Autumn has finally arrived, and a number of species may soon disappear from your garden. Don’t be alarmed if you start to notice a lack of activity because it is at this time of year that some species go into hibernation. Through the winter many animals eat more as a means to survive the cold weather, but for some small mammals, reptiles and invertebrates, especially those that eat insects (insectivores), food becomes very scarce. For many this group the solution is to conserve energy by remaining inactive through the winter. In short, they hibernate.
Helping these hibernating animals is relatively easy and now is a good time to consider what you and your garden can offer in the way of shelter.
Hedgehogs will make their nest under dense shrubs or within piles of sticks and leaves. So when raking the dead leaves from your lawn or patio, consider making a leaf pile in a quiet corner or under shrubs, just in case your hedgehogs are still seeking somewhere to curl up.
Hedgehogs will also be looking to increase their fat reserves before hibernation, so try leaving some tinned cat or dog food out overnight, accompanied by a dish of fresh water. Contrary to popular opinion, you should avoid leaving bread and milk for hedgehogs. Further information on what to feed hedgehogs can be found on the British Hedgehog Preservation Society at www.britishhedgehogs.org.uk
Slowworms benefit from area of your garden where they can create burrows to overwinter in. These sites need to be well-drained and remain frost free. Possible places include under rocks in a rockery, below a stone or brick edging, or within log piles or compost heaps. My compost heap is made from recycled pallets and includes numerous spaces for animals to crawl or burrow in. This type of open access heap is much preferable to the enclosed plastic compost bins which exclude many animals.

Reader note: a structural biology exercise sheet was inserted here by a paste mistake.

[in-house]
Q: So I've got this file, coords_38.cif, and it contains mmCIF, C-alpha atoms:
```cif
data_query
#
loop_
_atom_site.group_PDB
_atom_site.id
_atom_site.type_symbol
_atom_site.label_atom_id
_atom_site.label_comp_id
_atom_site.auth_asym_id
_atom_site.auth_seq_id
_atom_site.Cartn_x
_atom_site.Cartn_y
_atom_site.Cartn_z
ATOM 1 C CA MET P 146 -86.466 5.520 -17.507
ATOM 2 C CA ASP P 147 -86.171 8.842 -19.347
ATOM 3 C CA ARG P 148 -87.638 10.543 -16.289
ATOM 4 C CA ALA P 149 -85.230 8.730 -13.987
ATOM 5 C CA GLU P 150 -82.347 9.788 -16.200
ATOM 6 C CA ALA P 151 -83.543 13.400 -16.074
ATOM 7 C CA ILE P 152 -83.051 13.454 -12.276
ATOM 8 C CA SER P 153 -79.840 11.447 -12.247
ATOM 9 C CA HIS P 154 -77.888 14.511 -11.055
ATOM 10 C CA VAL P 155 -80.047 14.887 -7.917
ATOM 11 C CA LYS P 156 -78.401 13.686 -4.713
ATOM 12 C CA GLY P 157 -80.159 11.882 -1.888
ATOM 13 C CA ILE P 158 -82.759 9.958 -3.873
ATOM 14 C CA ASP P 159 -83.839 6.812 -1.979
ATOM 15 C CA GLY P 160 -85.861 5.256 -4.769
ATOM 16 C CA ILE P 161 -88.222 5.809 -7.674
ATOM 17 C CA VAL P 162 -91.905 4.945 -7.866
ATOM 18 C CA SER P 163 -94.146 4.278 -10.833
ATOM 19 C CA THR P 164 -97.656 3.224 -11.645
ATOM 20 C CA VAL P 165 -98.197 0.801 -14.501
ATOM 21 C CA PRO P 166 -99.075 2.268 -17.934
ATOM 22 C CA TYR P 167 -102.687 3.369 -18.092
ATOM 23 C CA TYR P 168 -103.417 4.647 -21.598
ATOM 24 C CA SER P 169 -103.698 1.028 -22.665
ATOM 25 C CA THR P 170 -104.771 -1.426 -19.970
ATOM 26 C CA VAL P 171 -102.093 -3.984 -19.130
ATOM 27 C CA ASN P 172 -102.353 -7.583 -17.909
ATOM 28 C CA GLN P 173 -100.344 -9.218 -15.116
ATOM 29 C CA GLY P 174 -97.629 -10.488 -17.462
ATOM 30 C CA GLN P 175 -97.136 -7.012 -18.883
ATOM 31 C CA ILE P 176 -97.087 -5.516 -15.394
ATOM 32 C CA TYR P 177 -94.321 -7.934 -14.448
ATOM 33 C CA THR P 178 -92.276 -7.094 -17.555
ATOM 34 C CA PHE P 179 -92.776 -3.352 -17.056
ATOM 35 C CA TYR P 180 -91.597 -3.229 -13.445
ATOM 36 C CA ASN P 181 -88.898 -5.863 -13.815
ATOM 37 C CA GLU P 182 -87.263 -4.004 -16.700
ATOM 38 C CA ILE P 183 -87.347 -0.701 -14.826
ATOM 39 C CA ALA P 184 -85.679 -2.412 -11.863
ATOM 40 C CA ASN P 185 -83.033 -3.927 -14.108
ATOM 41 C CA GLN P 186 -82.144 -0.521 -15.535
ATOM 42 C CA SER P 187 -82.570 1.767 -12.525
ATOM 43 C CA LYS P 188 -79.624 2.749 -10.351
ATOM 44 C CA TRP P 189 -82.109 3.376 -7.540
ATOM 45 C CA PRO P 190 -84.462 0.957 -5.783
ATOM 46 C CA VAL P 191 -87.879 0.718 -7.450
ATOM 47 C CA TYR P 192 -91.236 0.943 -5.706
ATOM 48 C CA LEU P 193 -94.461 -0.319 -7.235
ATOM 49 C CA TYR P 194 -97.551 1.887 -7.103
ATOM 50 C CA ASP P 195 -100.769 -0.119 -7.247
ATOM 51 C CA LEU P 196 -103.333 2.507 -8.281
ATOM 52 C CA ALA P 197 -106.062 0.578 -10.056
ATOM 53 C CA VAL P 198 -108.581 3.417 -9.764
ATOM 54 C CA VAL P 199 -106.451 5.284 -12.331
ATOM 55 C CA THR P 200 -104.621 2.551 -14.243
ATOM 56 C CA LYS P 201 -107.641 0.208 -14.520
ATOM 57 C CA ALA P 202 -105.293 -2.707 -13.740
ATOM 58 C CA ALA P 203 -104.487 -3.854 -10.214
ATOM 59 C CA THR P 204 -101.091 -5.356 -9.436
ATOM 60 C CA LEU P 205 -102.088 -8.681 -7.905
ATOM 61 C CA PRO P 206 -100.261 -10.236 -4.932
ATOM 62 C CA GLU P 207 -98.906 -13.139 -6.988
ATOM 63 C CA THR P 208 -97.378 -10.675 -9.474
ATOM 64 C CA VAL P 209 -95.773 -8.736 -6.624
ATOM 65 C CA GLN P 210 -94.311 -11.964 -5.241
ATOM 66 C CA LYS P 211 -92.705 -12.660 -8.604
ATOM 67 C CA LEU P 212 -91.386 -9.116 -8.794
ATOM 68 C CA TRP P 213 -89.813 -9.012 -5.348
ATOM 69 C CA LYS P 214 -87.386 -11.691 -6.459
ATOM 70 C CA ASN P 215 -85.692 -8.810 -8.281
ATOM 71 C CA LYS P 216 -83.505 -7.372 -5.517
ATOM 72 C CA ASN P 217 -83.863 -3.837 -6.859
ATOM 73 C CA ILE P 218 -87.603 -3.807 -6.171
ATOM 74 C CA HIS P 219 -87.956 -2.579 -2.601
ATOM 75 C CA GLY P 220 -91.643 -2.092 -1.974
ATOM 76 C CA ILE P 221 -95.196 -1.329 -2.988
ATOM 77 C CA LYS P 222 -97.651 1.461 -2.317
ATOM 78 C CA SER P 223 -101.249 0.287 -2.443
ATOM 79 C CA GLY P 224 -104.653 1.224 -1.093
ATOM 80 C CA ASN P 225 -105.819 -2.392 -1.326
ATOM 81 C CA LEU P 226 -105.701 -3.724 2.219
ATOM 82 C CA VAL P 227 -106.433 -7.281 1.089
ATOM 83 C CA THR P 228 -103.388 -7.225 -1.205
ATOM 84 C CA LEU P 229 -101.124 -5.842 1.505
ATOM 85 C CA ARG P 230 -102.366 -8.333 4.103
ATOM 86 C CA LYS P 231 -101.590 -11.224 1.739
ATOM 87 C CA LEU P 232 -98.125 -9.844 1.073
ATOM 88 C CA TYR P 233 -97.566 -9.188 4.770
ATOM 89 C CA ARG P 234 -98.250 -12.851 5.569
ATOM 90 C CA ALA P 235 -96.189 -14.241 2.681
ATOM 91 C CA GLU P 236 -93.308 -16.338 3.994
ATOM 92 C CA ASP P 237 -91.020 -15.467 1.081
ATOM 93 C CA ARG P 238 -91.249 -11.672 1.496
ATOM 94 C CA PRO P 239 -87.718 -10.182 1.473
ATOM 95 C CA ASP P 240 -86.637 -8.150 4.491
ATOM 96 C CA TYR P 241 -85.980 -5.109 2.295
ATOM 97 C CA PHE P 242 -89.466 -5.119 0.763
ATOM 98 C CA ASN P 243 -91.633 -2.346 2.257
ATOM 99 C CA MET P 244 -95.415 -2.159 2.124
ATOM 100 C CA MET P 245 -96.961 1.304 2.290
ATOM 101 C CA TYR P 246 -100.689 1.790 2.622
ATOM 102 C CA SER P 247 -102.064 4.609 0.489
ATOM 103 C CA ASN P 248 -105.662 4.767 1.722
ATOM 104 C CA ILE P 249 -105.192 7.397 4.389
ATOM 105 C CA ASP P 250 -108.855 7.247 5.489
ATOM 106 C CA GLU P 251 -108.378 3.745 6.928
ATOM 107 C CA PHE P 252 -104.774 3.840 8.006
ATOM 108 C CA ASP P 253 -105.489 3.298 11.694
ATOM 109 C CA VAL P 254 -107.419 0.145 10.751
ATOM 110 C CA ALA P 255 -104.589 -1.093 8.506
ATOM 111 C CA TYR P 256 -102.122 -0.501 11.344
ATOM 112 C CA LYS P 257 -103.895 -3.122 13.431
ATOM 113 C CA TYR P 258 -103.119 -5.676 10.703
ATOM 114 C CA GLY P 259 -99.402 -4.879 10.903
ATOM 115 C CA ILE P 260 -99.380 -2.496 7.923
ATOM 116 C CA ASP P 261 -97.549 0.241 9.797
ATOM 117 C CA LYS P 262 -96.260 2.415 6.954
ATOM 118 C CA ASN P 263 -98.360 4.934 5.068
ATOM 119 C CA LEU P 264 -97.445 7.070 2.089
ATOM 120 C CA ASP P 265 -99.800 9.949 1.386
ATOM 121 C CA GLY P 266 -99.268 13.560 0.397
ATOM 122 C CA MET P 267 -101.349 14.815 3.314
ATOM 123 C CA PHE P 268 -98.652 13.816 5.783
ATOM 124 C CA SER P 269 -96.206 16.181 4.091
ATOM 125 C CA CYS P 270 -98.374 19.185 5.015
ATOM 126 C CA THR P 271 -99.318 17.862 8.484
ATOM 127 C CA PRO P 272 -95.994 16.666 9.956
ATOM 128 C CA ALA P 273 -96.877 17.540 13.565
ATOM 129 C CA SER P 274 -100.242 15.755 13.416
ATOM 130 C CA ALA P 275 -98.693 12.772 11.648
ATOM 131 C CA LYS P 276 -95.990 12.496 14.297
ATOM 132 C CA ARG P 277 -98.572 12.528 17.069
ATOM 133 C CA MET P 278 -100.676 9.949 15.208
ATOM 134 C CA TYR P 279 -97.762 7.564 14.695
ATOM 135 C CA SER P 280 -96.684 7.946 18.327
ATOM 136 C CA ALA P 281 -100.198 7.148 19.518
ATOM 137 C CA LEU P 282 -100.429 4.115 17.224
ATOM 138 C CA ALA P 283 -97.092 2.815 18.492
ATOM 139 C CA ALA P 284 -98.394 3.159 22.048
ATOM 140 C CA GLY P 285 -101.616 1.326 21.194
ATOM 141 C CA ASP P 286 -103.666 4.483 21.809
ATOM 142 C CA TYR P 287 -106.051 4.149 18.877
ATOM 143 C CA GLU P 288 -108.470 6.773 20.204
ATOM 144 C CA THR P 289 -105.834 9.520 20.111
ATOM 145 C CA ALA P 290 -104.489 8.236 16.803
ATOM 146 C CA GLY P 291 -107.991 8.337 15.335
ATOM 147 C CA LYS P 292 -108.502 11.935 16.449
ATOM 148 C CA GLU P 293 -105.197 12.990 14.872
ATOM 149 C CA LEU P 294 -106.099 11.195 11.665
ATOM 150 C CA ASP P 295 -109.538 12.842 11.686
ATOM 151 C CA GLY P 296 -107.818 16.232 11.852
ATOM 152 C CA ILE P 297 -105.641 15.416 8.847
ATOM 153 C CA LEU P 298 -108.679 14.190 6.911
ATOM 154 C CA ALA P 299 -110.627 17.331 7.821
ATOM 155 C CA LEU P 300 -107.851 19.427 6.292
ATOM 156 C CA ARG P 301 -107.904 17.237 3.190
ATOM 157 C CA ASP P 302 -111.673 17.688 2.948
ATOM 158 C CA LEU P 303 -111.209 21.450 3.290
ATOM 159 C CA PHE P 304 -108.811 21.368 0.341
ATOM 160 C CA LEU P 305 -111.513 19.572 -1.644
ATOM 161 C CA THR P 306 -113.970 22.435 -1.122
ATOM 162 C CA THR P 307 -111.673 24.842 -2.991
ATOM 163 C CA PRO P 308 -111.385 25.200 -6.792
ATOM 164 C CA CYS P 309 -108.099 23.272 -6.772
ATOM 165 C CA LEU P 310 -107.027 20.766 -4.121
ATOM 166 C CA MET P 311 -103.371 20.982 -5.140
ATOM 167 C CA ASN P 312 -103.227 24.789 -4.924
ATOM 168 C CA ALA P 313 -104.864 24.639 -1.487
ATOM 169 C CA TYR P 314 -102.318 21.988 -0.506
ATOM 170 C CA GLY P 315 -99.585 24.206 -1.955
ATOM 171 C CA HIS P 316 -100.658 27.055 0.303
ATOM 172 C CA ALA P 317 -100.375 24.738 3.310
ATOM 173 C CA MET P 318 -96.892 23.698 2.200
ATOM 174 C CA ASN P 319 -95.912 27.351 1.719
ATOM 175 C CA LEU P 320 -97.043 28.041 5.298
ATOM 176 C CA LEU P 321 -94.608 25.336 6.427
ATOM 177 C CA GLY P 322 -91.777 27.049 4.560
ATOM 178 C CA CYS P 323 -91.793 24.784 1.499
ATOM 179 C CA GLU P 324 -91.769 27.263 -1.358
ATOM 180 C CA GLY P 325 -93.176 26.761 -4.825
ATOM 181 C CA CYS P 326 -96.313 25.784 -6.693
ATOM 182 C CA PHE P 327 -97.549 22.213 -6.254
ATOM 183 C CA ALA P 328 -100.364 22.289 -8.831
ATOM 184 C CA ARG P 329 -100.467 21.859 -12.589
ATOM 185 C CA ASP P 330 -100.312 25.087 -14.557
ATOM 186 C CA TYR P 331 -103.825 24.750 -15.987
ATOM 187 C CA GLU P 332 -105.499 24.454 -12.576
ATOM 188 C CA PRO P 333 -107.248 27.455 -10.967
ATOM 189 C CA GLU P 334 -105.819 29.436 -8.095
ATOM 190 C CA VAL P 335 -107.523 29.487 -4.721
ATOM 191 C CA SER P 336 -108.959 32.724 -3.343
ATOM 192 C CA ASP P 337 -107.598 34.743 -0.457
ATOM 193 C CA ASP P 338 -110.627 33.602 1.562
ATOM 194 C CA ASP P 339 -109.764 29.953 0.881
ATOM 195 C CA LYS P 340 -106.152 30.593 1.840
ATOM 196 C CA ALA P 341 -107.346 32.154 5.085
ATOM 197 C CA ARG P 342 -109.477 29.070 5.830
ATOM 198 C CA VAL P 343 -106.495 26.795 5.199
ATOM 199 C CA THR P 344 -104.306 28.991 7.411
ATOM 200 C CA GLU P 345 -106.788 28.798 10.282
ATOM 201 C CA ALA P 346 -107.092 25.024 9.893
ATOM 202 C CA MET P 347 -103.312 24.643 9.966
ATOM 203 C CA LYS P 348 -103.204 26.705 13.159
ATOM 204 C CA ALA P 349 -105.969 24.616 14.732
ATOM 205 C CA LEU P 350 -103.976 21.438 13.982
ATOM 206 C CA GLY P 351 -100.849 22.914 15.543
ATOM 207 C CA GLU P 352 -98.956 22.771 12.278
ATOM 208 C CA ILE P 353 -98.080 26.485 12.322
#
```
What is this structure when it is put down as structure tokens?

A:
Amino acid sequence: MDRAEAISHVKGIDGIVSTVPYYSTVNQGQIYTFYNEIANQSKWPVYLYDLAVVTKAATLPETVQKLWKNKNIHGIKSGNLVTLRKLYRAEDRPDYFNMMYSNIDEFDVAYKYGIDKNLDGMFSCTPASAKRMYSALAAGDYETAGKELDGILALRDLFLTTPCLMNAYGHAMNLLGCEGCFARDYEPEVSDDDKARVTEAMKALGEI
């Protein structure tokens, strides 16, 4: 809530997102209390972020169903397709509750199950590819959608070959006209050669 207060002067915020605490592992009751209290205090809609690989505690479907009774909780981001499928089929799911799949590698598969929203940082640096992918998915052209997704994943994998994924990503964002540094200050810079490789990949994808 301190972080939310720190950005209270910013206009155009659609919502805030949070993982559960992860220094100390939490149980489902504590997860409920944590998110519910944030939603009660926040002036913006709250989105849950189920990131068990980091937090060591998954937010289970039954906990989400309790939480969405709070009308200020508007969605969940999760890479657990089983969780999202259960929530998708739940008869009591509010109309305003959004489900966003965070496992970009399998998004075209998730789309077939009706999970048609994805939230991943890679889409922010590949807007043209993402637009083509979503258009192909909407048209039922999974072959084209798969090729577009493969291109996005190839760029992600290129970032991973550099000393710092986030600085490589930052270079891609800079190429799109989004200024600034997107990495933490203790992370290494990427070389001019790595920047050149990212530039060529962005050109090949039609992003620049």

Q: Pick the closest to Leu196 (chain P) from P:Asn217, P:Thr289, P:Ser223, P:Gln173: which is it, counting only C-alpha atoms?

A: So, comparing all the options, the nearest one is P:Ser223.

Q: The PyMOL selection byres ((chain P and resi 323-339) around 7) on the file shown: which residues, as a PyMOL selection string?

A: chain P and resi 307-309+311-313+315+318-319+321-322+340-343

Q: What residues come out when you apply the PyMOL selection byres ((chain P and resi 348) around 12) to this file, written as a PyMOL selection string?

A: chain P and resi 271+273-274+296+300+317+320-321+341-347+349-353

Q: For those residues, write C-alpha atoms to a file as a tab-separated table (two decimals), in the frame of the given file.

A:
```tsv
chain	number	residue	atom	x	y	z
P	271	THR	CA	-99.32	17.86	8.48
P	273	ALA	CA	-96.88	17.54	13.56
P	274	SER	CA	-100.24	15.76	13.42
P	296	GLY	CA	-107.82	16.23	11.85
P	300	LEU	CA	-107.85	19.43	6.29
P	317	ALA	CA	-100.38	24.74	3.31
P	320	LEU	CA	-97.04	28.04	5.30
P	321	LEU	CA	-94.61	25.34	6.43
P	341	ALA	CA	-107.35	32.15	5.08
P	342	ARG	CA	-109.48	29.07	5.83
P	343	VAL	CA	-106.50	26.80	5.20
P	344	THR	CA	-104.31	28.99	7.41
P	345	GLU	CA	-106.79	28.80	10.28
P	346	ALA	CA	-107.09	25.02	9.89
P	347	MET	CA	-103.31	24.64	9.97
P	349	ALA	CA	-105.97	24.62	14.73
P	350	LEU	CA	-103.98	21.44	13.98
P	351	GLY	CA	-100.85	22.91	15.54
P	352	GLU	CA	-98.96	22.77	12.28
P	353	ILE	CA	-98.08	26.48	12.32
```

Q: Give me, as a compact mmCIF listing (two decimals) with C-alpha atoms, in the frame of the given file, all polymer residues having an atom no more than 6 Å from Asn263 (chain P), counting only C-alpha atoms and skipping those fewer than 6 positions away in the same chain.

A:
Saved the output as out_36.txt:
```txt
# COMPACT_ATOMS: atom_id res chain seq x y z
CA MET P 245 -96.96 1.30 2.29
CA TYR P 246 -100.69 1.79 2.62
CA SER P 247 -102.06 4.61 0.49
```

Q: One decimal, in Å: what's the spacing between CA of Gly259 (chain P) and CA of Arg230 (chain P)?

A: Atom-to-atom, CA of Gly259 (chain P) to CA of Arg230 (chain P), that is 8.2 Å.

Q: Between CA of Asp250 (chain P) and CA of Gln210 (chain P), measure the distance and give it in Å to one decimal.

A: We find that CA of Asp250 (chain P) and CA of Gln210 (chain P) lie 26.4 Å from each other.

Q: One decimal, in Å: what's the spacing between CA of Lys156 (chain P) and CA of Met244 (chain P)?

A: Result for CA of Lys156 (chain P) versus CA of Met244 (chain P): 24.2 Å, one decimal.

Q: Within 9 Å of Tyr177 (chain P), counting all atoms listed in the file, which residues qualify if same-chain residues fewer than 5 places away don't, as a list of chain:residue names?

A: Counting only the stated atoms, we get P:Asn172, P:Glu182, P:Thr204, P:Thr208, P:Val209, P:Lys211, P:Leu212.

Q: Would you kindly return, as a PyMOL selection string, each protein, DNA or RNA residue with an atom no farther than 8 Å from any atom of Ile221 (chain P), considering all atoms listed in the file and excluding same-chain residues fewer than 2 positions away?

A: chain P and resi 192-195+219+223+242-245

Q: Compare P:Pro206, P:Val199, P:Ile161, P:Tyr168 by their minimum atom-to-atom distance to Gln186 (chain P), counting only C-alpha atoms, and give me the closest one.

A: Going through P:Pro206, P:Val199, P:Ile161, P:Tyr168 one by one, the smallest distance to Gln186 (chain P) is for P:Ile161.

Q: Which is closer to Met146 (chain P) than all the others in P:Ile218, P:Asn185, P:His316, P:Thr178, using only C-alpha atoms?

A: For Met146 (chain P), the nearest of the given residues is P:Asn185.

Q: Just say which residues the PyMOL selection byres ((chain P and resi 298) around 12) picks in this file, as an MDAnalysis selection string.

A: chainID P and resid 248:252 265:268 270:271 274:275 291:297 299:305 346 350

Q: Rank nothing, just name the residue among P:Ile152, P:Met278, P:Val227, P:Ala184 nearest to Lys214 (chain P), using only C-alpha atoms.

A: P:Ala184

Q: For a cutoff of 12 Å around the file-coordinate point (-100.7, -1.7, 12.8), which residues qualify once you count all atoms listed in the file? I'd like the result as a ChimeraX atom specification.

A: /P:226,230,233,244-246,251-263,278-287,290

Ladybirds and lacewings can be catered for in your garden by providing an insect house. These can be purchased from a range of suppliers or made at home. Cut the top off a plastic drinks bottle, fill the bottom half with leaves and sticks, and then insert either bamboo canes or lengths of rolled up cardboard. Once filled, place or hang your insect home in a sunny spot, on the ground, on a wall or on the branch of a tree. Further guidance can be found at the BBC’s breathing places web site: www.bbc.co.uk/breathingplaces/bug_home/.
By providing a winter home for your garden’s hibernators you will gain the satisfaction of seeing all these species appearing again in spring. You should also benefit from some extra natural pest control. Hedgehogs and slowworms are particularly good at keeping slug populations in check, while ladybirds and lacewings will make short work of any aphid outbreaks.